By Ann Schwend
A quick scan of the bill draft requests for the upcoming 2023 Legislative Session and a glance into our crystal ball predict the session will be chock-full of bills that will touch on a variety of land use, water policy, and affordable housing issues. In short, sustainable communities, or how we live and how we develop new places for people to live, promises to provide lively discussion among the legislative crowd.
The ability to find (and keep) affordable housing in Montana’s growing communities is a top priority for many Montanans. The Governor’s Housing Task Force has several recommendations that are likely to result in legislation. While some of the recommendations would result in poor planning decisions through a top-down approach (see article on pg. 22), many of its recommendations are good, such as developing ways to leverage or generate funding for affordable housing. For example, the Housing Montana Fund is a trust fund that was set up in 1999 but has never had a consistent funding stream. Fully supporting the Housing Montana Fund would help leverage existing federal funding from programs such as the federal Housing Trust, which affordable housing advocates rely on to develop projects. Other potential funding proposals include expansion of the Multifamily Coal Trust Homes Program and adding a state-based low income housing tax credit that provides additional incentives for the private sector to invest in diverse housing options for communities.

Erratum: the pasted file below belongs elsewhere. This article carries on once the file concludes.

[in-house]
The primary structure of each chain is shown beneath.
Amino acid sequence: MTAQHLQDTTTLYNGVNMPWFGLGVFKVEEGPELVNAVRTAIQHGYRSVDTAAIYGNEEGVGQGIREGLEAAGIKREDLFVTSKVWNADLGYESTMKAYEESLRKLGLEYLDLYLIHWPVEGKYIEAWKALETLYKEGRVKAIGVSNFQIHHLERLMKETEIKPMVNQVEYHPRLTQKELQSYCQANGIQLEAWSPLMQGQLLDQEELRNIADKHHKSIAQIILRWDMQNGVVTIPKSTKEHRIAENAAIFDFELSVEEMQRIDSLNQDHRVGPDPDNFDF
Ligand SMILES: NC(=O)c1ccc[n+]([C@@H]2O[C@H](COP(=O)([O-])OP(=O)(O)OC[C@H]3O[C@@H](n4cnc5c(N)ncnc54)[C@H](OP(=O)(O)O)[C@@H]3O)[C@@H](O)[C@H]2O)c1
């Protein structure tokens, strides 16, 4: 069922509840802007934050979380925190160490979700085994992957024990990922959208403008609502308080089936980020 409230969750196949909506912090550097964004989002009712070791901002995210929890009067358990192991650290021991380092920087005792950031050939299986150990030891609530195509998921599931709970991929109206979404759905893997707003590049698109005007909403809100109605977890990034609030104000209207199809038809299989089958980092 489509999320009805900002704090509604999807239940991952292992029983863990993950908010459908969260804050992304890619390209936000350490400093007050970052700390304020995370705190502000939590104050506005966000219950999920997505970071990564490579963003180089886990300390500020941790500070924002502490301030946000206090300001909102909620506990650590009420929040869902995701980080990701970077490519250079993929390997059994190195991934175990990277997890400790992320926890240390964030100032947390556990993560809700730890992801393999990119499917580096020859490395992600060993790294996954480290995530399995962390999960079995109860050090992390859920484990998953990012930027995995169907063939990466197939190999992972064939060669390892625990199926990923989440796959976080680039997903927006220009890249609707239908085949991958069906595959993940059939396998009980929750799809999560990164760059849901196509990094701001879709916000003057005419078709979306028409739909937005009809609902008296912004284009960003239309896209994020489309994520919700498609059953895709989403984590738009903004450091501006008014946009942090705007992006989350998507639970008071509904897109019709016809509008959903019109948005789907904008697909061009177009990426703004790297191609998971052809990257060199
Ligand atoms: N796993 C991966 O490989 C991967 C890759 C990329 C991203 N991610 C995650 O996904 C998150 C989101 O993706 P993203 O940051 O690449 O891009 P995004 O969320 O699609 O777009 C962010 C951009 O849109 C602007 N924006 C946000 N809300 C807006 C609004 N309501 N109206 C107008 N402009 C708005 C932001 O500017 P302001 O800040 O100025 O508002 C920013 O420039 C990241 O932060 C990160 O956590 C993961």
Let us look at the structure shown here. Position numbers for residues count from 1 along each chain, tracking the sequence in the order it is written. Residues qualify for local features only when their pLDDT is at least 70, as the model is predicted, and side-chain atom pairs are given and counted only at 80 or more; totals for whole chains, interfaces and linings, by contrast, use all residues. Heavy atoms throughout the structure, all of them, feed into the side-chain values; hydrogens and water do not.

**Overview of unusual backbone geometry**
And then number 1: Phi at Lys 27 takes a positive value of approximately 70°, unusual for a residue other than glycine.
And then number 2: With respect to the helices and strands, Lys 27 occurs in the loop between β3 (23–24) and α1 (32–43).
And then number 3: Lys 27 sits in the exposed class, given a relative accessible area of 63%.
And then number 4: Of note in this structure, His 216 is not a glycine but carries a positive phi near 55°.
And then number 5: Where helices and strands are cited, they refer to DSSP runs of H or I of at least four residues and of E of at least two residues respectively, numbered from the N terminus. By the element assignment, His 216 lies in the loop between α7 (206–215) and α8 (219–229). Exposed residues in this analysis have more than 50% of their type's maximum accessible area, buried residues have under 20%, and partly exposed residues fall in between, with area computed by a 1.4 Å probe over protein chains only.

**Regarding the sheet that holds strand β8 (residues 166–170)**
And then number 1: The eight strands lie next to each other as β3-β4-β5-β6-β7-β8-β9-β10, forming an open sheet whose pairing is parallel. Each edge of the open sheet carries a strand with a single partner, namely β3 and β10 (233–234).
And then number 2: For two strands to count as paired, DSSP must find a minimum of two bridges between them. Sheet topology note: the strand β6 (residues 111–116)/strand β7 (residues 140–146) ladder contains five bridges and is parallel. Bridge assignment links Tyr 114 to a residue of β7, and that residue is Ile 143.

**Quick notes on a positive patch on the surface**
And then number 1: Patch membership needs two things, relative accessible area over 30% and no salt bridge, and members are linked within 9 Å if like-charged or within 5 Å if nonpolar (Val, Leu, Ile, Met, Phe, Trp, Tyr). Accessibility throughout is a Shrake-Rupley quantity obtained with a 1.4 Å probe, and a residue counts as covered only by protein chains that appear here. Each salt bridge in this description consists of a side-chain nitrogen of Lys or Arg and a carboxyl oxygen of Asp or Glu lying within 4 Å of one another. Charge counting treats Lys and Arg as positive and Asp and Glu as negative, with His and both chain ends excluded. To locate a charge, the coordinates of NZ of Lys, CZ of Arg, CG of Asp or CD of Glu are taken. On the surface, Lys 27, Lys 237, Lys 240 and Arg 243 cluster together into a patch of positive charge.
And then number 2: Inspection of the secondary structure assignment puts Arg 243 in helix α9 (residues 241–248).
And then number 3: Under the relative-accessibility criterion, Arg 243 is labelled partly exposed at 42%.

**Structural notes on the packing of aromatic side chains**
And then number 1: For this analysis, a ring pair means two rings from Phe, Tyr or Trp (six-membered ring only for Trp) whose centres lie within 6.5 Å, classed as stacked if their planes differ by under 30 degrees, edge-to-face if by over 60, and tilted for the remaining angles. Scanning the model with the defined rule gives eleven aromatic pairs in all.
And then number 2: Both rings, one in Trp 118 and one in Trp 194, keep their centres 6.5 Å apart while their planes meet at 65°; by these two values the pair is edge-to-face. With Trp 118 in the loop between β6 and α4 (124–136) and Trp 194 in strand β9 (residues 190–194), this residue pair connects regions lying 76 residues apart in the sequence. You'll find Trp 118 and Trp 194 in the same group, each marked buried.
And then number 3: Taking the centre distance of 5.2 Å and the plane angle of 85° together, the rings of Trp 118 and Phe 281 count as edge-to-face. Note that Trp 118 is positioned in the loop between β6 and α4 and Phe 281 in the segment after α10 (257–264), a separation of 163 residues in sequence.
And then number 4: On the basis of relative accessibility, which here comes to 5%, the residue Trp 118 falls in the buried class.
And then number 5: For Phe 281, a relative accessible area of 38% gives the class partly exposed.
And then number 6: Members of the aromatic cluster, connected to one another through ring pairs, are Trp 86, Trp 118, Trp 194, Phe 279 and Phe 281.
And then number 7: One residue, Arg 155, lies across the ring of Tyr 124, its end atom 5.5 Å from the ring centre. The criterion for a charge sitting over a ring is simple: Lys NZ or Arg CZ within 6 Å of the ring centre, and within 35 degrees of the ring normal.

Land Use Planning
MEIC expects to see at least one bill related to the work that the Comprehensive Land Use working group is drafting. Led by the League of Cities and Towns with representatives from the Local Government Interim Committee, builders, realtors, and others, this group has been reviewing Montana’s planning laws for the last few years. It is currently working on a proposal to reform Montana’s land use laws so that Comprehensive Plans and Growth Policies are more relevant, with subdivision and zoning review becoming secondary or administrative in nature. The thinking goes: If there is a more robust public planning process up front, then communities will have already identified where growth is appropriate, and subdivision and zoning review will not be as controversial. If implemented correctly, this could be a much-needed and sweeping reform to our current planning structure.
At this point, we aren’t seeing many water policy items being proposed, with the exception of a bill from the Department of Natural Resources and Conservation (DNRC) and associated working group that will clean up the water rights permitting and application processes. This may be a step in the right direction, as DNRC begins to address public water systems with the intent of reducing reliance on individual exempt wells, especially in over-appropriated or closed basins. While there was hope was that the group would make progress in addressing the exempt well statute, it appears that DNRC does not intend to address the issue until after the session (though there are rumors about a bill that could worsen the problem).
As always, we will do our best to protect our right to a clean and healthful environment during the session, while also embracing planning reforms that will lead to sustainable homes and communities for all Montanans.
This article was published in the Dec. 2022 issue of Down To Earth.